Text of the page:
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My friends
let us bring here
all we are

our real selves
broken at times
hurt at others
bruised by word
scarred by deed
anxious because of the world

This self
we bring
and let me assure
and let me promise
and let me attest
the love of this place
loves you back
as you are
and does not judge
and there are no caveats

the love of this place
is not ours
but made by the one who is made of love
May you find this place
a holy



                            Psalm 139


Contemporary Reading

There are two opposite psalms almost next door to each other: Psalm 137 by the Babylonian rivers, made famous by Boney M and 139 which we read this morning. One is a lament questioning where God could be in the midst of suffering, the other the trust that there is nowhere God cannot be found and as such they speak into each other. Here’s a dialogue between paraphrases (helped by The Message) of the two psalms.

Voice 1:

Along Babylon’s riverbanks

    we sat and wept, face to the waters, we cried:

    “O Zion, O Zion and the good old days!”

Voice 2:
I am an open book to you;
   you know my mind: closed or open
      my presence: my leaving, my arrival.
Nowhere I find myself is beyond you finding me.


Voice 1:

Among the aspens

    we piled our silent harps
that had forgotten how to play.
Yet that’s where our captors,
with their sarcasm, mocked us:

    “Sing us a happy Zion song!”

Voice 2:

Before I take breath,
      you know what I am going to say;
   before I feel it,
      you know my pain;
   before I start the first sentence,
      you know how it will end.

Voice 1:

How can we ever hear God’s song again

    in this bad-land of our captivity?


Voice 2:

Behind me, I see you there,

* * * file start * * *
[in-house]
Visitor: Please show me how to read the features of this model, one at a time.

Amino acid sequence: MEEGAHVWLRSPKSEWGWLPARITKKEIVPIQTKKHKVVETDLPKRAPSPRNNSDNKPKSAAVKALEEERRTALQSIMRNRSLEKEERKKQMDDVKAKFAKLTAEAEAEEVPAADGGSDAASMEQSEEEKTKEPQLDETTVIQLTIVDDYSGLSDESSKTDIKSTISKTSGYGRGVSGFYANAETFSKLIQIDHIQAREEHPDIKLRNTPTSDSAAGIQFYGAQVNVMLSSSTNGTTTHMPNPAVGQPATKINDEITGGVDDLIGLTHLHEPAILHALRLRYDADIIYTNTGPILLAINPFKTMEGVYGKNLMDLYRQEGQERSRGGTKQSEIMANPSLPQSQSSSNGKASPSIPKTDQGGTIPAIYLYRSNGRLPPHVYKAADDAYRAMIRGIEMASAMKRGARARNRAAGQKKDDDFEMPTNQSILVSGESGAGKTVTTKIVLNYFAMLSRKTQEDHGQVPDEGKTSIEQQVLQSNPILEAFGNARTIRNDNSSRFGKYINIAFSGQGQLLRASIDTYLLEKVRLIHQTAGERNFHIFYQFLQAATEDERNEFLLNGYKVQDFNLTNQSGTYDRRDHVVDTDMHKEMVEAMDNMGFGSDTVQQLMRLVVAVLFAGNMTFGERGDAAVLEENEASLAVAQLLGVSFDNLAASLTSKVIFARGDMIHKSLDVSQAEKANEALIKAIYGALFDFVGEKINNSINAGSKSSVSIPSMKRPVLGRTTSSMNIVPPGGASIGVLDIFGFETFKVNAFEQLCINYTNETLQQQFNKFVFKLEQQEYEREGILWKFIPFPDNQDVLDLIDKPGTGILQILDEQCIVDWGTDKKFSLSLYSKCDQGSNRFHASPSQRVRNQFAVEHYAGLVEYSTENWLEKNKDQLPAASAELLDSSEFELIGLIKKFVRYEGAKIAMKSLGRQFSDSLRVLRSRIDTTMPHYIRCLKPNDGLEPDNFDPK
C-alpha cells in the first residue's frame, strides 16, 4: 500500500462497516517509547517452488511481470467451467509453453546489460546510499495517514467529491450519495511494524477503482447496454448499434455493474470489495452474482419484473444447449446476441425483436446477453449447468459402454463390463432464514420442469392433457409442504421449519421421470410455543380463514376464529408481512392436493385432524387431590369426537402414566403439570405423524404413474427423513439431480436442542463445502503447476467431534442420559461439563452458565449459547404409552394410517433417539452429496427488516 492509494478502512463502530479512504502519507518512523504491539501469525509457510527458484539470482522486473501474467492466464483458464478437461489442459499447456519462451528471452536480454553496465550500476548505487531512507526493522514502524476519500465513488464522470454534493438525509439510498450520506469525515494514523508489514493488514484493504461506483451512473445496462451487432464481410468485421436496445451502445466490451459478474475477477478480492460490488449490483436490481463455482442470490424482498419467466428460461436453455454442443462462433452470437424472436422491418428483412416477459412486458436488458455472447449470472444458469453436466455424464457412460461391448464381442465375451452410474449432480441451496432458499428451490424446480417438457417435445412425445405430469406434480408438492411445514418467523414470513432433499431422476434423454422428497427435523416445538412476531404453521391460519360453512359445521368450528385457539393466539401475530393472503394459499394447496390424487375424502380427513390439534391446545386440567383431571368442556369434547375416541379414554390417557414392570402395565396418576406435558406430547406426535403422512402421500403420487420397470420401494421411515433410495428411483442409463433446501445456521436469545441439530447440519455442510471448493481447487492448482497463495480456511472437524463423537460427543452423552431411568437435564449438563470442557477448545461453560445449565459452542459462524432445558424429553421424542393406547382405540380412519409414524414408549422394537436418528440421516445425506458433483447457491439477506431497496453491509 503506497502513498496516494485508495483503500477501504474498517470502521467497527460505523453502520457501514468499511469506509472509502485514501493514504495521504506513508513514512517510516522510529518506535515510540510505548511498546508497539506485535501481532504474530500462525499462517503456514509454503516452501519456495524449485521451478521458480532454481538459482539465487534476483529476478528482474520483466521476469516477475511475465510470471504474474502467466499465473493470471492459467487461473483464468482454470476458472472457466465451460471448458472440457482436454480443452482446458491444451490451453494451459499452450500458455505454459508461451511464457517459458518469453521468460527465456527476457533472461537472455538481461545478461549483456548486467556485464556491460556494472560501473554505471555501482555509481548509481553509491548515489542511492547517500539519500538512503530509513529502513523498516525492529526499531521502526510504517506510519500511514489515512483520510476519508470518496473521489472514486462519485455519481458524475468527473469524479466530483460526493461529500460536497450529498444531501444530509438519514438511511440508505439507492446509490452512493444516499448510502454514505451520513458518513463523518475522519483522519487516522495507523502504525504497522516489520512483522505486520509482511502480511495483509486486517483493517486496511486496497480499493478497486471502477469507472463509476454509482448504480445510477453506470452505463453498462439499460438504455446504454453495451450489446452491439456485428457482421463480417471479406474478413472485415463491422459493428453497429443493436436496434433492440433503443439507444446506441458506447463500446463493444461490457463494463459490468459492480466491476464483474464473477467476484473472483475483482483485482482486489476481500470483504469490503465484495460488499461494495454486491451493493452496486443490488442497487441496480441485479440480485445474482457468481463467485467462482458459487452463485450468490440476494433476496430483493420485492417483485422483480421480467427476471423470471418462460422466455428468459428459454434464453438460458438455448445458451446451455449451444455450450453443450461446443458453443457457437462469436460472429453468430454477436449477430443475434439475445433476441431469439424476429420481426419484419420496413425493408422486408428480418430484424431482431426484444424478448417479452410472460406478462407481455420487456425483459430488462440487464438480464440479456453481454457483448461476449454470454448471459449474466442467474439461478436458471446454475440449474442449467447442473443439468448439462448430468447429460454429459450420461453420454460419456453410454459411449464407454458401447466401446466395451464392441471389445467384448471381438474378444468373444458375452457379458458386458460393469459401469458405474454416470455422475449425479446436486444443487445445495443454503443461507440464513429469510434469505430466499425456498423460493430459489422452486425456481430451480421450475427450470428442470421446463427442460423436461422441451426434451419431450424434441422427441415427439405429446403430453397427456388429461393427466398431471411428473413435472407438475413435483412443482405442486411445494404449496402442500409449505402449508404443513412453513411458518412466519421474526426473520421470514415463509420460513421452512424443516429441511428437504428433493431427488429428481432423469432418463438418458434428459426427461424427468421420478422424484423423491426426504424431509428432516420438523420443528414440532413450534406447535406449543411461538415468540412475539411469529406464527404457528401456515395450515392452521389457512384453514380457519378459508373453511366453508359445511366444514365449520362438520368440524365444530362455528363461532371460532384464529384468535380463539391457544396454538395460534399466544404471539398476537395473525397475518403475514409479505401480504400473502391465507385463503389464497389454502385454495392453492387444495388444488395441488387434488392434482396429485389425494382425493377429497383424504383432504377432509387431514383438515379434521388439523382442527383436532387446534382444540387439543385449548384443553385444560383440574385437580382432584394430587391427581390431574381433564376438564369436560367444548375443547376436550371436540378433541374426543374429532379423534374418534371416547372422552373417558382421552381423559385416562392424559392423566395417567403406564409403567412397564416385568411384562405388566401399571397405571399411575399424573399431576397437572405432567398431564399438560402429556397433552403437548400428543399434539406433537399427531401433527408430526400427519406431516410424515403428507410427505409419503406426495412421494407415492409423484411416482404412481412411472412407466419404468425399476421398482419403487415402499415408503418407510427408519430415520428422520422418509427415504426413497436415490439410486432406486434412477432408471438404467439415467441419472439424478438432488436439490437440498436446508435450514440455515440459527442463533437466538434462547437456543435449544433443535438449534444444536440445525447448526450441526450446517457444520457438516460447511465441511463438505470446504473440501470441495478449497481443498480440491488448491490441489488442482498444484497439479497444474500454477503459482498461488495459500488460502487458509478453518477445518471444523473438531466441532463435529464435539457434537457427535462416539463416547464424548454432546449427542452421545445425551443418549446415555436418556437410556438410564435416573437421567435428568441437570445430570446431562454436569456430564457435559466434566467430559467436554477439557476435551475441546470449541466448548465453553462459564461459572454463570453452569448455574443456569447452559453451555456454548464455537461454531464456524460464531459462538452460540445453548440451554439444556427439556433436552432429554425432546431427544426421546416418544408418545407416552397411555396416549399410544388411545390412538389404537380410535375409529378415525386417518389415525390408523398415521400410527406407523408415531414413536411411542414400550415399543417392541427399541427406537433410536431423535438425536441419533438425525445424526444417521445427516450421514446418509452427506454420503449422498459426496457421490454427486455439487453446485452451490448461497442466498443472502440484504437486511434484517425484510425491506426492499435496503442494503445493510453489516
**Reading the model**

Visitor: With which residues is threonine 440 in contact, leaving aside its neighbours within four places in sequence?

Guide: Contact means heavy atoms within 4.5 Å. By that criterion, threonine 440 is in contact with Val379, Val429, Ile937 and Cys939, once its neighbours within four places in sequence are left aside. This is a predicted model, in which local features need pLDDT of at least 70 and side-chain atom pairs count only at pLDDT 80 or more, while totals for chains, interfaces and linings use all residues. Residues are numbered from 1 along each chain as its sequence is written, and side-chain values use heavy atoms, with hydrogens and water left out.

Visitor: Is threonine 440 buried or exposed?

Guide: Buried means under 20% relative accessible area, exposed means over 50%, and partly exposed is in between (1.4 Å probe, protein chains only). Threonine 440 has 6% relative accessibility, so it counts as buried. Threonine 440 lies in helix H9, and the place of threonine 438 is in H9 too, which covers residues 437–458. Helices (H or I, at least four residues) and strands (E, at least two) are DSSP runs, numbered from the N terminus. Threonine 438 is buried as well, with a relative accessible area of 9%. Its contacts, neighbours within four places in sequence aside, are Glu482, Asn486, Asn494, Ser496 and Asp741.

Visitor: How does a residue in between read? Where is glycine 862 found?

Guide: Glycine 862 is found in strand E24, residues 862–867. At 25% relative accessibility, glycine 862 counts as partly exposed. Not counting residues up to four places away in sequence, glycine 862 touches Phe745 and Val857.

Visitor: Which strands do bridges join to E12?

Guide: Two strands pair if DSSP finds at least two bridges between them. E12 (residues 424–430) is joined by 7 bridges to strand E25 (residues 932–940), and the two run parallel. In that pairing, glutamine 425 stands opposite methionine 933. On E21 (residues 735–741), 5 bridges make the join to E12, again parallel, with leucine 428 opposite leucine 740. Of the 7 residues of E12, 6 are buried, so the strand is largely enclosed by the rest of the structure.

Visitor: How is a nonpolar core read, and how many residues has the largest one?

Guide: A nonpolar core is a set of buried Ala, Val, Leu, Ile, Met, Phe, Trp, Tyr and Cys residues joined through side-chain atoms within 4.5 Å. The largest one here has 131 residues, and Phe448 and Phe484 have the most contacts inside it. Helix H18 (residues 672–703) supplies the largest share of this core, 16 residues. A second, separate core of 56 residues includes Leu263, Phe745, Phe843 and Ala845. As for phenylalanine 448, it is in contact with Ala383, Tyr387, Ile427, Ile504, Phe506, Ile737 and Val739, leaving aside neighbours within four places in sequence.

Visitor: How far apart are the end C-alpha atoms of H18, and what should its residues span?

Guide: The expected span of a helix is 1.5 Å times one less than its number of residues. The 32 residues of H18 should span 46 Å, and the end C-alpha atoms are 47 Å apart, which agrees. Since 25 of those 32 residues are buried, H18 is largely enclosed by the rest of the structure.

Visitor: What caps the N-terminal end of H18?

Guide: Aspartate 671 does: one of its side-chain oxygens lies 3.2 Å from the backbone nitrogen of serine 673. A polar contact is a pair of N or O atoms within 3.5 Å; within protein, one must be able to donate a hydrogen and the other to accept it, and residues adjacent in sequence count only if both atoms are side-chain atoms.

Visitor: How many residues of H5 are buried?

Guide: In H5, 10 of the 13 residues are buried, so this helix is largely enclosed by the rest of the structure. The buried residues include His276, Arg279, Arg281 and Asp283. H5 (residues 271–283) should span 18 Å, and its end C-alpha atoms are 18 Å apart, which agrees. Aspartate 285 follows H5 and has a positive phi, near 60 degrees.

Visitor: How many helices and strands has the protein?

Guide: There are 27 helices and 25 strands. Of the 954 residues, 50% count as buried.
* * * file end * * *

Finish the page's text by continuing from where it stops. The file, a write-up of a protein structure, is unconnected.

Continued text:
ahead of me, I sense your waiting presence.
No matter the road,
   be it the path through trial or a journey of hurt
      in my travelling you share your companionship.

Voice 1:

Yet, if my voice ever forgets Jerusalem’s words,

    may my fingers wither and my tongue swell
O Jerusalem, the greatest!

Voice 2:

Is there a place, anywhere,
    far enough to be unknown,
    dark enough to be lost,
    that I can go to break free of you?

What if I grow wings and fly?
    No, you are the eagle beside me
What if I burrow underground?
    No you are the earth around me.
What if I soar towards the dawn?
    No, you are the sun, rising to greet me.
There is no place, anywhere
    that is far enough away
    to be lost to you.

Voice 1:

You, Babylonians!

    May there be a special reward
to whoever gets back at you

    for all you’ve done to us;

clutching your baby infants

    and shatters their heads on Babylon’s river-rocks!

Voice 2:

So it is true,
   there is no shadow long enough
   to hide your presence,
no hurt or thought too dark
   that your light cannot reveal your presence.
Light and dark mean little to you.

Voice 1:

By the Babylonian rivers
we sat down and cried and wept
Zion, O Zion, what has become of you?

Voice 2:

I look to my back and you’re there,
   up ahead there you are too—

      your presence, dispelling my fear.
Nowhere I find myself is beyond you finding me.


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